A guy on a couch

September 11, 2018

I was sitting in the front seat of my 1982 Oldsmobile 98 regency, the day the world changed. I wasn’t the best of college students at that time, and I was trying to decide whether I wanted to grab McDonald’s breakfast and go home, or attend my next class which I believe was speech. For some reason I had KTIS (the local Christian station) on the radio (which I almost never do), and when I turned the engine over I was greeted by the sounds of the two anchors talking about a plane that had flown into the World Trade Center. To be honest, if I hadn’t been in New York City on a class choir trip the year before and toured the building, I’m not sure I would’ve even know what it was.

The anchors were still explaining the situation they were watching unfold on screens in front of them, when another plane struck the towers, and in an instant, the entire conversation changed from – “what an unfortunate accident” to “this is a deliberate attack.” Being nineteen years old, and not sure what to think, I put my car in drive and drove back to my basement apartment, listening intently to the radio the entire way. When I got home, I booked it into my apartment, took up residence on the couch, and like  millions of others around the globe watched the tragedy unfold before my very eyes. None of us knew then HOW our world would be different, we just knew it WOULD be.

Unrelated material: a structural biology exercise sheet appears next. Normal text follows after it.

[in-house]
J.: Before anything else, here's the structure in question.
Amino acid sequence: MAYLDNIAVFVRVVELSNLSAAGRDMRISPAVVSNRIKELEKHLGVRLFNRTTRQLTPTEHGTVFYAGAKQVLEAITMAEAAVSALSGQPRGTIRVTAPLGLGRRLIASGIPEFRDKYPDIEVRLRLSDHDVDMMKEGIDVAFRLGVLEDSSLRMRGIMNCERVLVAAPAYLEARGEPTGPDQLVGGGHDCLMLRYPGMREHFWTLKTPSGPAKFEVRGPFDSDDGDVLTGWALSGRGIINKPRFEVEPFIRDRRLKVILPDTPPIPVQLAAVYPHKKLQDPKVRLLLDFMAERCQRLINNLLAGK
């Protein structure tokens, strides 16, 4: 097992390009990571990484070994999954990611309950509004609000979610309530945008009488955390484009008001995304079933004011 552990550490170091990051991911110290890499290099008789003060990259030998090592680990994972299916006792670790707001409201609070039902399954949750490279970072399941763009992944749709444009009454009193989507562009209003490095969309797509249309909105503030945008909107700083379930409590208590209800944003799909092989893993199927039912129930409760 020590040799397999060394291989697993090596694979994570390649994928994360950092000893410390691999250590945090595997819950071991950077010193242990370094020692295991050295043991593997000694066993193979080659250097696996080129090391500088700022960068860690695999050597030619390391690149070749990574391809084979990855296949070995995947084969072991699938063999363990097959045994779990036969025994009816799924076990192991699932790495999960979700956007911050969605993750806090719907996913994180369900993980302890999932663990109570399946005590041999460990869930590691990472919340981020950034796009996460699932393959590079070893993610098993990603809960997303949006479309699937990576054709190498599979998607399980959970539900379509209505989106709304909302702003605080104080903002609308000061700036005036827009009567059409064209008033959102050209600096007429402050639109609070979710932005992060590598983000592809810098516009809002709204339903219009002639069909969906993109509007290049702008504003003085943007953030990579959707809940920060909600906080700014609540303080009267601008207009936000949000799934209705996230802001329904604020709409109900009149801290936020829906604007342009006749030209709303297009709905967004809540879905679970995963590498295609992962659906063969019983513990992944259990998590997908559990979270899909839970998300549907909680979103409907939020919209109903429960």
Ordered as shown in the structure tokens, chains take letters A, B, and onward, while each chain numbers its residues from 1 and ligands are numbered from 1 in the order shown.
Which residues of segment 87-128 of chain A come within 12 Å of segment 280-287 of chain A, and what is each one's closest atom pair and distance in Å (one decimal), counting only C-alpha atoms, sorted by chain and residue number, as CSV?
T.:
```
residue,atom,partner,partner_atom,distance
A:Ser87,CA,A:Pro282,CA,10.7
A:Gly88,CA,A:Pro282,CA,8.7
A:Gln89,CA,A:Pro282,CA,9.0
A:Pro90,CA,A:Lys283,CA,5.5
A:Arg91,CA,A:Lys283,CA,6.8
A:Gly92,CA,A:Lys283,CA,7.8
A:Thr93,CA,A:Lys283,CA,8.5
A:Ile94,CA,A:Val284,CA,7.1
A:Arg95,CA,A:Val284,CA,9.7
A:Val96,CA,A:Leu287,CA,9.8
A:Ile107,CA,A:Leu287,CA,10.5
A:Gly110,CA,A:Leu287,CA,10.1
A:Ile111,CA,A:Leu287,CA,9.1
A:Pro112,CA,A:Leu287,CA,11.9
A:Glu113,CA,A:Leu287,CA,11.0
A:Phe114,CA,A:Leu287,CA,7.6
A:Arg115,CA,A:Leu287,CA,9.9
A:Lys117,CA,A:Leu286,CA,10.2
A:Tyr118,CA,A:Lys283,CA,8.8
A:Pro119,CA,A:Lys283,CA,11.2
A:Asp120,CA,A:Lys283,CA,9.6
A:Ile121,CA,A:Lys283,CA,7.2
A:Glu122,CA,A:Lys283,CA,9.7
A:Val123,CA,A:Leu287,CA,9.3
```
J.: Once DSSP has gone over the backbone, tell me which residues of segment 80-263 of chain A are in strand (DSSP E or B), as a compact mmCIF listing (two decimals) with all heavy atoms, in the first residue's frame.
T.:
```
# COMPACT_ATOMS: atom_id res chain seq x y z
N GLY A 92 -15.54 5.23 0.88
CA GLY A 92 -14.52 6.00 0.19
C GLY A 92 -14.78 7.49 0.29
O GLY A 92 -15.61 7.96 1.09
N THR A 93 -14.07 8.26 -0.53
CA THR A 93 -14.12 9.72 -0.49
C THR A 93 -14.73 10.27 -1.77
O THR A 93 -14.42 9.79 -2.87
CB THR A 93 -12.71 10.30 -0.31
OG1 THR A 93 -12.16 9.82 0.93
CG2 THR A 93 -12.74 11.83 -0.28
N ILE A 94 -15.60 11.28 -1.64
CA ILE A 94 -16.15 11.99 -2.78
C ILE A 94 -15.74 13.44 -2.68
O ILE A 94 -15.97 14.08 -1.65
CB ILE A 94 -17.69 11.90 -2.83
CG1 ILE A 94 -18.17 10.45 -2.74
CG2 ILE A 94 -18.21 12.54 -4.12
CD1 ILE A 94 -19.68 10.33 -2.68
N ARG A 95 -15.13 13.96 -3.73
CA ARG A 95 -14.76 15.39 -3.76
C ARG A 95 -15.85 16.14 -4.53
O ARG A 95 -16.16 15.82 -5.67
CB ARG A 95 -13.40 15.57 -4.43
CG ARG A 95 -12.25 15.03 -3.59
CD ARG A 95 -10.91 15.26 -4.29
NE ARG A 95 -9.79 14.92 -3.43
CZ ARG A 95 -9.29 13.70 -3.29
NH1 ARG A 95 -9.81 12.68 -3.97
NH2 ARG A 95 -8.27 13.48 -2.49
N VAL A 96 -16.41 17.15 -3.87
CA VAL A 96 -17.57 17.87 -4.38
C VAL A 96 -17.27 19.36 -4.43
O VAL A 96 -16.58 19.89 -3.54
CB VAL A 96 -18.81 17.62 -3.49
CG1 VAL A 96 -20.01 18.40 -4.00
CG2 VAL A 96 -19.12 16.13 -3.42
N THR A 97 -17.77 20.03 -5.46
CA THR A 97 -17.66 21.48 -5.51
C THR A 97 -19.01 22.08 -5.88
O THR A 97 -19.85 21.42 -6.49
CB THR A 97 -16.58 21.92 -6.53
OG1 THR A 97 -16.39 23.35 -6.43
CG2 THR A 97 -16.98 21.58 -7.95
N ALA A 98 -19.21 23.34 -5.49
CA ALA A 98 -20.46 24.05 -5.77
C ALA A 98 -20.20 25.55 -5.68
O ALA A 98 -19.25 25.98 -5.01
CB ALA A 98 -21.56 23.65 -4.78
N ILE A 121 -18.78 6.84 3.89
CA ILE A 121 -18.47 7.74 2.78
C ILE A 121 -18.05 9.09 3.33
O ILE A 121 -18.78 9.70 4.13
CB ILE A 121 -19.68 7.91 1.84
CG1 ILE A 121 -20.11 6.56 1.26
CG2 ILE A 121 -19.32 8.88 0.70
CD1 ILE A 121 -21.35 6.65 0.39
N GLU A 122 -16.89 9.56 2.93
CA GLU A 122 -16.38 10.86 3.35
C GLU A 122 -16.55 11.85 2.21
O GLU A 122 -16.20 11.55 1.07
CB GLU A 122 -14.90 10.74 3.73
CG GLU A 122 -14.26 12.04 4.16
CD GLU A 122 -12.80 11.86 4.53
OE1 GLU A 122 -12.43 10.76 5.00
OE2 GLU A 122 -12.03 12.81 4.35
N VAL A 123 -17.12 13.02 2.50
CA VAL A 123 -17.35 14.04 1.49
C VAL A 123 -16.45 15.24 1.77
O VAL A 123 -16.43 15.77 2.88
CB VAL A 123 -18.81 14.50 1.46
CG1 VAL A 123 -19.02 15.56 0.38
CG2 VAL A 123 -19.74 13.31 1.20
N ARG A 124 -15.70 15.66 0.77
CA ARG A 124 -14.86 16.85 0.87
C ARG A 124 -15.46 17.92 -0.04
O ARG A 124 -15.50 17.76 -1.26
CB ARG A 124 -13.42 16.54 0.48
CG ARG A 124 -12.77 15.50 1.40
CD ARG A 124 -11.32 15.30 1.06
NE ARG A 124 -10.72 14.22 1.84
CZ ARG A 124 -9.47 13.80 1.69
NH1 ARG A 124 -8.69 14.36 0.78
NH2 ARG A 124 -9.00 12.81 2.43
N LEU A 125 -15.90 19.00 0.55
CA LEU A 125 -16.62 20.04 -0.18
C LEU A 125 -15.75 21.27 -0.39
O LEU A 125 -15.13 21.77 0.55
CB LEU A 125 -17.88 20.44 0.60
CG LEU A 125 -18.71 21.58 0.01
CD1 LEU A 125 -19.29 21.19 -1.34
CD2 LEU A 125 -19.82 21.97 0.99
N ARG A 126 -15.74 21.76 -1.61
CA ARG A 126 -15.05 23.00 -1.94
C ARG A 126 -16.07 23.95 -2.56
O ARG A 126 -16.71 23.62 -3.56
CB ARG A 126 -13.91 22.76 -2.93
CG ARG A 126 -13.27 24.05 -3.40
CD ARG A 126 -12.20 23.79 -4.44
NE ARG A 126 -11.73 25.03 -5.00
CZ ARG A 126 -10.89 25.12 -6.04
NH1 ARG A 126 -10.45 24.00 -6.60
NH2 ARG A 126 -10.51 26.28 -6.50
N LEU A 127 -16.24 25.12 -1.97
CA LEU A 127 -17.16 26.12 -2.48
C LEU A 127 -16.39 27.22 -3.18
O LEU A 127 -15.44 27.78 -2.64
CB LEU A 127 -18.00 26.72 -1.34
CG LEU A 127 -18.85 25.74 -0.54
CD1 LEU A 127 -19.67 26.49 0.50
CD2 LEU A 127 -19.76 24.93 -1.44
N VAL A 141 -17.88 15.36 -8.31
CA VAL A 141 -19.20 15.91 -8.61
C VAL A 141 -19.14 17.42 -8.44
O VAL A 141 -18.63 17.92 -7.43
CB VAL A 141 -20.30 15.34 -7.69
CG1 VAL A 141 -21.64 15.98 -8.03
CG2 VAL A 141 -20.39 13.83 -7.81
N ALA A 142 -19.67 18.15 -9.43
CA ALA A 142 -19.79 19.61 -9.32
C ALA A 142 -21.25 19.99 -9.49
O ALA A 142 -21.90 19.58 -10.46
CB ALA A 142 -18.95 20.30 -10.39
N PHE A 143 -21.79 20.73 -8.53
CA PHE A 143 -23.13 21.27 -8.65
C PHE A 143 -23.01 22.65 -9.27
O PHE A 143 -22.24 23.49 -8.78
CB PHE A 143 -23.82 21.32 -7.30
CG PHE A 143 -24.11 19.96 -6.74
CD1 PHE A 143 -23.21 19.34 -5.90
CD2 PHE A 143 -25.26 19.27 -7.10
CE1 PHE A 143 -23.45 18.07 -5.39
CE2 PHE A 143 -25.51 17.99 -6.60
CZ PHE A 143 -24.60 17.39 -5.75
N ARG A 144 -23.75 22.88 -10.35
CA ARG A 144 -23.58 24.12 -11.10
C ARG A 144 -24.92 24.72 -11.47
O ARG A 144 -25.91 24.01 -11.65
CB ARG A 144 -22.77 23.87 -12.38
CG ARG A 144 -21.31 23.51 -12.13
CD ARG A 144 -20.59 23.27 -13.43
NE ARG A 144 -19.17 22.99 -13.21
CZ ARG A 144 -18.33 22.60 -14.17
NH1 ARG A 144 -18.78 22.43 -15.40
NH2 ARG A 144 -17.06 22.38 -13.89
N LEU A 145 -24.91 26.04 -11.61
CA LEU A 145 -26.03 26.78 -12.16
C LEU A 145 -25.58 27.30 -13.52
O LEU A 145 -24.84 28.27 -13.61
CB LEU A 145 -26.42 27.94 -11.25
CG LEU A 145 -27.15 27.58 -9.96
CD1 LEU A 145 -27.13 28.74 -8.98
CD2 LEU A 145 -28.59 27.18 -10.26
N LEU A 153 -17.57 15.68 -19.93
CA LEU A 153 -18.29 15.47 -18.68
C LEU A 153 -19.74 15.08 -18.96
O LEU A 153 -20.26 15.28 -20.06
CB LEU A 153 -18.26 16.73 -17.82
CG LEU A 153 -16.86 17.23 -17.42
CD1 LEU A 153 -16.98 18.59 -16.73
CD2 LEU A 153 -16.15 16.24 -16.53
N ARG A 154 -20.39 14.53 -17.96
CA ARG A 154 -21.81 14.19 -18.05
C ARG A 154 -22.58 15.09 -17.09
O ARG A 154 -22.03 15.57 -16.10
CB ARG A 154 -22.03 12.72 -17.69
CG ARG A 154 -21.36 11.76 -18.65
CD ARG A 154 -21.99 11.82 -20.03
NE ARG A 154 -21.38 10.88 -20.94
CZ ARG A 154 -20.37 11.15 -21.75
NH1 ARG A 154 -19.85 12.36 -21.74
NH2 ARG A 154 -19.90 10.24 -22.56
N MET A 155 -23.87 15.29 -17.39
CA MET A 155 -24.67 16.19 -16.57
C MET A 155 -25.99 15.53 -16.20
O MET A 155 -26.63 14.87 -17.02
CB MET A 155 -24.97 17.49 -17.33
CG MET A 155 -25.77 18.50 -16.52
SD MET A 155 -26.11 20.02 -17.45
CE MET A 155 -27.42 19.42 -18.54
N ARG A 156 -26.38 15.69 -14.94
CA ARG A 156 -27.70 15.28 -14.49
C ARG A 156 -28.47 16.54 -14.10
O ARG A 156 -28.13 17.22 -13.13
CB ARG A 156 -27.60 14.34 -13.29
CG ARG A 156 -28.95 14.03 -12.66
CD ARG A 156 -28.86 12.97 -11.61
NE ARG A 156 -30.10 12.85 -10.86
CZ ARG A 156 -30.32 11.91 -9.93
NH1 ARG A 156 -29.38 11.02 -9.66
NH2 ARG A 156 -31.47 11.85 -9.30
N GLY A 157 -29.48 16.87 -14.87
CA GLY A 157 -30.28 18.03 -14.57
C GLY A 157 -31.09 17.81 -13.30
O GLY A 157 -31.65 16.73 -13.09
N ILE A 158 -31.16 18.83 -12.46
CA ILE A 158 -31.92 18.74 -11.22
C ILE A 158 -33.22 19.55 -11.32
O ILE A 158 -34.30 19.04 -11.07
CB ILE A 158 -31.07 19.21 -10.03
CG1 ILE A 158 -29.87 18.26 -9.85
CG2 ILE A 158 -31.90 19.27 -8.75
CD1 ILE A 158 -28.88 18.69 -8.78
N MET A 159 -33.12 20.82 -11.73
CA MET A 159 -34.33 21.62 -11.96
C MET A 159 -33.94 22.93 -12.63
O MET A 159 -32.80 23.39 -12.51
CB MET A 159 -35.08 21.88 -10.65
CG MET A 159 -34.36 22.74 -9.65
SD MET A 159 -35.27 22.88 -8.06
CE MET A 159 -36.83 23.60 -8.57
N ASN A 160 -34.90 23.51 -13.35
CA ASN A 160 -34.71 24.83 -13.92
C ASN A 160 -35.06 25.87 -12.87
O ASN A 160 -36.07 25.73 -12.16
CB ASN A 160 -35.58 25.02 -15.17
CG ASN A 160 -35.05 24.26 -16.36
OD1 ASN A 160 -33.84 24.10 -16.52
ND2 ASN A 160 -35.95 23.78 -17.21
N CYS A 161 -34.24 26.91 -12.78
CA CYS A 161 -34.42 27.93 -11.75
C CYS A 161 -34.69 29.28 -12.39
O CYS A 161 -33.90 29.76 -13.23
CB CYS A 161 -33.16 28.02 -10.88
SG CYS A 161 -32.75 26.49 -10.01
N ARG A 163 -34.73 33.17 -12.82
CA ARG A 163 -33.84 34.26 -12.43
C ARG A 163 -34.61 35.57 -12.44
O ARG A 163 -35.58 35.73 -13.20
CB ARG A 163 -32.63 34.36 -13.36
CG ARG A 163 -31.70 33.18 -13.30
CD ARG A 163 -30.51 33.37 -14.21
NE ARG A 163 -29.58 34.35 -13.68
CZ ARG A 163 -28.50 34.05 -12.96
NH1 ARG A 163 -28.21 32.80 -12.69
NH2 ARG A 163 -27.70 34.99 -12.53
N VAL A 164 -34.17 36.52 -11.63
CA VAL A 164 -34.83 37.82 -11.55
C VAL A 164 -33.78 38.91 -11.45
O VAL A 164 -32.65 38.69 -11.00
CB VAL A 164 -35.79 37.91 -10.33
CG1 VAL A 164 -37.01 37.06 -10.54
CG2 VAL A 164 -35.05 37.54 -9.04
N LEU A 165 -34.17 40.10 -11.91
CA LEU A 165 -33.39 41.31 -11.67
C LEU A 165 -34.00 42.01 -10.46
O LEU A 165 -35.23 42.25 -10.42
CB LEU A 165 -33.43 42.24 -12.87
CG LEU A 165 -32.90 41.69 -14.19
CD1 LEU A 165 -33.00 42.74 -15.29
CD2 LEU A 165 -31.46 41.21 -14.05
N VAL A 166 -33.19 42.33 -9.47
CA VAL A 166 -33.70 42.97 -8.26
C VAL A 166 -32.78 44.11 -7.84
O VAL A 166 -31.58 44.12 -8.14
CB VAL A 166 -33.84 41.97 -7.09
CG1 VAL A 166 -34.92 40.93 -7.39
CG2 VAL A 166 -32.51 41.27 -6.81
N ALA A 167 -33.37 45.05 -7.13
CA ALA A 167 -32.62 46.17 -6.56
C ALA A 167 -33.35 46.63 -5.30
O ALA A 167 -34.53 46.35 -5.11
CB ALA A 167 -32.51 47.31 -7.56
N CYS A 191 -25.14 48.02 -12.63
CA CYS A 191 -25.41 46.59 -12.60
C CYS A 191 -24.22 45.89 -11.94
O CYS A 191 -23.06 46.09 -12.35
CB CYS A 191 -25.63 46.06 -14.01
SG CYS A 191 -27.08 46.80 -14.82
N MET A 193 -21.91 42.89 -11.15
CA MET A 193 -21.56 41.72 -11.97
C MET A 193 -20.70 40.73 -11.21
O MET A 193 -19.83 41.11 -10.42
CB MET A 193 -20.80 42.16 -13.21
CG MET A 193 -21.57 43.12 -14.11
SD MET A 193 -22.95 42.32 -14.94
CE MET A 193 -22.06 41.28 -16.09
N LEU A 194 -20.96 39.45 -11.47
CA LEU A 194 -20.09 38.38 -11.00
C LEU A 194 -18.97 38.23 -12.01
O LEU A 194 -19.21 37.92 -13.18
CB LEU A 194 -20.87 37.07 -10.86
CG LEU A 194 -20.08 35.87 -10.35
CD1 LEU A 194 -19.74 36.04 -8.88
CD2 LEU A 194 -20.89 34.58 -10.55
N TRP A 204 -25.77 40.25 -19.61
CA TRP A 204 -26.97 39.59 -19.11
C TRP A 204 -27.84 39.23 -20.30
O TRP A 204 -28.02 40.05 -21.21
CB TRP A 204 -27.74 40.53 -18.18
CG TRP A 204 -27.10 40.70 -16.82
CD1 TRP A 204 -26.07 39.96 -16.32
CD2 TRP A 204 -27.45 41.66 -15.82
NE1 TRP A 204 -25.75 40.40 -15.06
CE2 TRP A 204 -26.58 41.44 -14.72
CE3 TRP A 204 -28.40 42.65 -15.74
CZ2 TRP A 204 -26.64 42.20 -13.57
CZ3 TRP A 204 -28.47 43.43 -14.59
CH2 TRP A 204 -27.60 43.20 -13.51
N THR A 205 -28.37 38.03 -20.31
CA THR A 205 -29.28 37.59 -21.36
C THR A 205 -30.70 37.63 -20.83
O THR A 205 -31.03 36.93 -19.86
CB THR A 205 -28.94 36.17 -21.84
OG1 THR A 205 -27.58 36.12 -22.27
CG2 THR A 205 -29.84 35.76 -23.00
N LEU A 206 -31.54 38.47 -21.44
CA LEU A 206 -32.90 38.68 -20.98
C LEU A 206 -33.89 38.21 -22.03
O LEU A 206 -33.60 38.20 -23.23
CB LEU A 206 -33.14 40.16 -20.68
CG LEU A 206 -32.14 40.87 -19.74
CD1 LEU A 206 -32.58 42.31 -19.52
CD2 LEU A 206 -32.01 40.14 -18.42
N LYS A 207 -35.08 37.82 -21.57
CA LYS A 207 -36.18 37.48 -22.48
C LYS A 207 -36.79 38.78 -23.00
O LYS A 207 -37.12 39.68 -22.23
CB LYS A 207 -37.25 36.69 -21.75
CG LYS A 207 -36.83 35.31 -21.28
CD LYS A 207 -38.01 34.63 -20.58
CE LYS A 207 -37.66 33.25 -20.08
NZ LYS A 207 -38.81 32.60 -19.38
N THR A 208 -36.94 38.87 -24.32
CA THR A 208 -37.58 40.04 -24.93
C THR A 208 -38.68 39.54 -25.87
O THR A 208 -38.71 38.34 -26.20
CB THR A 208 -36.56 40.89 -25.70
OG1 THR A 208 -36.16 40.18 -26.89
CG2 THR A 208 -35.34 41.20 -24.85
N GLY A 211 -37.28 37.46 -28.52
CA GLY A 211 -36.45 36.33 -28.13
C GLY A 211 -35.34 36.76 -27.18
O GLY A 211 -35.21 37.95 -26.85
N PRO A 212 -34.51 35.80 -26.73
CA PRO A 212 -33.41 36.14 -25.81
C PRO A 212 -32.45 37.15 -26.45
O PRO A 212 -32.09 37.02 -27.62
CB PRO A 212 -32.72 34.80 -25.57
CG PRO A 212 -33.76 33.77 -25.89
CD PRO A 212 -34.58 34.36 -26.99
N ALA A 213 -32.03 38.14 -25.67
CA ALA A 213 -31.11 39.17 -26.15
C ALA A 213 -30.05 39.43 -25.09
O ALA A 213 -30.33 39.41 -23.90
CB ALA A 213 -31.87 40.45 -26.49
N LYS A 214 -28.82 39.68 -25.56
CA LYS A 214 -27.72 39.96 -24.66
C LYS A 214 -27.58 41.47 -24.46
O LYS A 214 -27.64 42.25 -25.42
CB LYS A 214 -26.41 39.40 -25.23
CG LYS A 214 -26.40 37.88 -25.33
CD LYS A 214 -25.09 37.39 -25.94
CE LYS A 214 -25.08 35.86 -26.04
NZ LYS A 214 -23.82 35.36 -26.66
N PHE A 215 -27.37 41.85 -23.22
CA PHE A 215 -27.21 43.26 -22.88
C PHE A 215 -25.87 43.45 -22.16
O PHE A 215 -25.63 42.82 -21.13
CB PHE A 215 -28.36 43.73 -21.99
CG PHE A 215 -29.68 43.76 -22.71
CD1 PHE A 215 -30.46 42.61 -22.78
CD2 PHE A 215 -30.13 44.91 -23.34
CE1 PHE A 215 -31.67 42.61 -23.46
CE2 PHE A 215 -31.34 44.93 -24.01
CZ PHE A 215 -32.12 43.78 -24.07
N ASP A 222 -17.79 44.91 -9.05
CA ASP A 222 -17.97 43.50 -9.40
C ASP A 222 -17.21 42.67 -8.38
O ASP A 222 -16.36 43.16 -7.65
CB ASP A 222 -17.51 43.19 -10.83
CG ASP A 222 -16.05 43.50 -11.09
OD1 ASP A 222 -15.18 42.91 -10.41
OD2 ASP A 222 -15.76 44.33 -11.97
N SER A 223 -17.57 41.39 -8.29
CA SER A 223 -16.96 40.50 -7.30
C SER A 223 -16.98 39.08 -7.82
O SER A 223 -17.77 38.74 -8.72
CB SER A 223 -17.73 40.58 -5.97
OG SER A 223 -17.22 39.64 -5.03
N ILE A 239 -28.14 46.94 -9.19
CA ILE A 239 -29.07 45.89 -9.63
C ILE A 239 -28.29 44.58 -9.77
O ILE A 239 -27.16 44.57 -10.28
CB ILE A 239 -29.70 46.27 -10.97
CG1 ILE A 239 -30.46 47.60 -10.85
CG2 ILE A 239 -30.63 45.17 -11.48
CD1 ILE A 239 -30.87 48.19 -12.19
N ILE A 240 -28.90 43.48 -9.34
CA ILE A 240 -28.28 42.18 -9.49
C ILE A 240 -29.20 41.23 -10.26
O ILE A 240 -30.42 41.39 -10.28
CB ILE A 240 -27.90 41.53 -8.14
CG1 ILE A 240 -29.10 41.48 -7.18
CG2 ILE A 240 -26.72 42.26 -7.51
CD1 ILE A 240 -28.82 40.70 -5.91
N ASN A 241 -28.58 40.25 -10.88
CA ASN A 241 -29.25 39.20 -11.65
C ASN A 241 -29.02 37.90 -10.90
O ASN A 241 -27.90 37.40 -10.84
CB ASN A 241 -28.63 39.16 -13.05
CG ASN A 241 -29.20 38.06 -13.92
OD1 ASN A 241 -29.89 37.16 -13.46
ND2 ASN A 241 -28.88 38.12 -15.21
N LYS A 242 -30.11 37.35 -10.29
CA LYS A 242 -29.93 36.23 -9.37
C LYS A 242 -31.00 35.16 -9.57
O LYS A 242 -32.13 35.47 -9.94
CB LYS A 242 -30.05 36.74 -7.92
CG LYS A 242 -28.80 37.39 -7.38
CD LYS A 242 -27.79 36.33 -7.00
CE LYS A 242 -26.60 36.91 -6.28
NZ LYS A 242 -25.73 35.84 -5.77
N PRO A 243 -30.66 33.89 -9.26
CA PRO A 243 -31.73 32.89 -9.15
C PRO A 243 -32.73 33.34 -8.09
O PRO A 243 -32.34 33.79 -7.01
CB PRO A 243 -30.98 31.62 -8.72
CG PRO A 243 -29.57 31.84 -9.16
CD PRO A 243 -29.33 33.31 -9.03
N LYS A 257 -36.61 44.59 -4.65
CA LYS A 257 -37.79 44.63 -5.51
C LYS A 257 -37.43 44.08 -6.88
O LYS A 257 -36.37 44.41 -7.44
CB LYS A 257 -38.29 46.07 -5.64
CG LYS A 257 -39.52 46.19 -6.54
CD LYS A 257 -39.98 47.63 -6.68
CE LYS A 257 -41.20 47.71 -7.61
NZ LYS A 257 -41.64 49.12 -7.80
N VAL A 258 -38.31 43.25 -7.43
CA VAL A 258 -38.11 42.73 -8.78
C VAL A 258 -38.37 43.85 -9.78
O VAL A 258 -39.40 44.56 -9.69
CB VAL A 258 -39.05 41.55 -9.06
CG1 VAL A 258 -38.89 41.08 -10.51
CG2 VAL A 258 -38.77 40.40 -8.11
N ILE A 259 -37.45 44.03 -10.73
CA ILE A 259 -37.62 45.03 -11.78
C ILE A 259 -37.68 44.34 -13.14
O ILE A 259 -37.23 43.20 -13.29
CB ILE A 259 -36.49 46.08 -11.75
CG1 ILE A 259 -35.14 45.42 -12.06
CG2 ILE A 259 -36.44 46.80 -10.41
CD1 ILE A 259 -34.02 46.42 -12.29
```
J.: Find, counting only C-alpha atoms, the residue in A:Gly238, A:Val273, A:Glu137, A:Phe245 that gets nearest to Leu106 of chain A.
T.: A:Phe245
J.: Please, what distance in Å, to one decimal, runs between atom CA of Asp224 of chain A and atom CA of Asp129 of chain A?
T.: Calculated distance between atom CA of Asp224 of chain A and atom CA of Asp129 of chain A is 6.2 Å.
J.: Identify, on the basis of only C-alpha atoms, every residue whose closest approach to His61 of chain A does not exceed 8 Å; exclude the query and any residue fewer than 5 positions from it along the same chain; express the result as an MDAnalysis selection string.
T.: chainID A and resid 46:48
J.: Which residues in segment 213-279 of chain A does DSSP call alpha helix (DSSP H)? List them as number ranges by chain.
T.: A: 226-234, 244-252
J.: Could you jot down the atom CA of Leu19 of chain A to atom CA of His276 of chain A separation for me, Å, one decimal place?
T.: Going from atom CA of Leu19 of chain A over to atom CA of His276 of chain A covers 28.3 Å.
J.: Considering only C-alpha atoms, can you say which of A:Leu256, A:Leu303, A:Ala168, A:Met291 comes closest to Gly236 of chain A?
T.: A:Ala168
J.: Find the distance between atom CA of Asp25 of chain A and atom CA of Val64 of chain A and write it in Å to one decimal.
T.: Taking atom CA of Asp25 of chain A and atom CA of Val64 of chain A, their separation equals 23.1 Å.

In the years since that day, because I am history nut, I have watched more documentaries, been to the 9/11 memorial and museum, and read more articles about that day than I can even remember. Every, single, time, I do, I find myself transported back onto that couch, in the basement apartment, eyes glued to a television screen, trying to fight off feelings of fear, confusion, and mortality. Trying to make sense of a senseless act. Trying to figure out a way that I could make a difference, instead of being indifferent. I’m pretty sure I bought a FDNY shirt or hat, and wore it proudly. I’m sure I prayed for the victims and their families. I KNOW I cheered for the Yankees as they played in the World Series that year. All because I, like everybody else, wanted to DO something. Truth is, I didn’t do much. There were MANY heroes that day and NONE of them were me. I, was just a guy on a couch.

Tonight, well after my family has all gone to sleep, and the house is quiet, I am sure my television will again be covered in the tragic and horrific images of that day. I will hear the familiar sounds of explosions, sirens blaring, people screaming, and the haunting chirps of the fireman’s location devices. And I, will still be just a guy on a couch. But tonight this guy on that couch, who has been through his own traumas in the days since September 11th, 2001, will say a prayer for all those who have had their lives unimaginably changed by those moments I saw on my TV. I will ask my God, who I believe loves them unequivocally and unconditionally, to bring them a sense of safety and peace, the kind they might not even understand, and the likes of which I could try for a lifetime and yet never bring. This is what I do. It is something we can ALL do. It is how we can make sure, we never forget.

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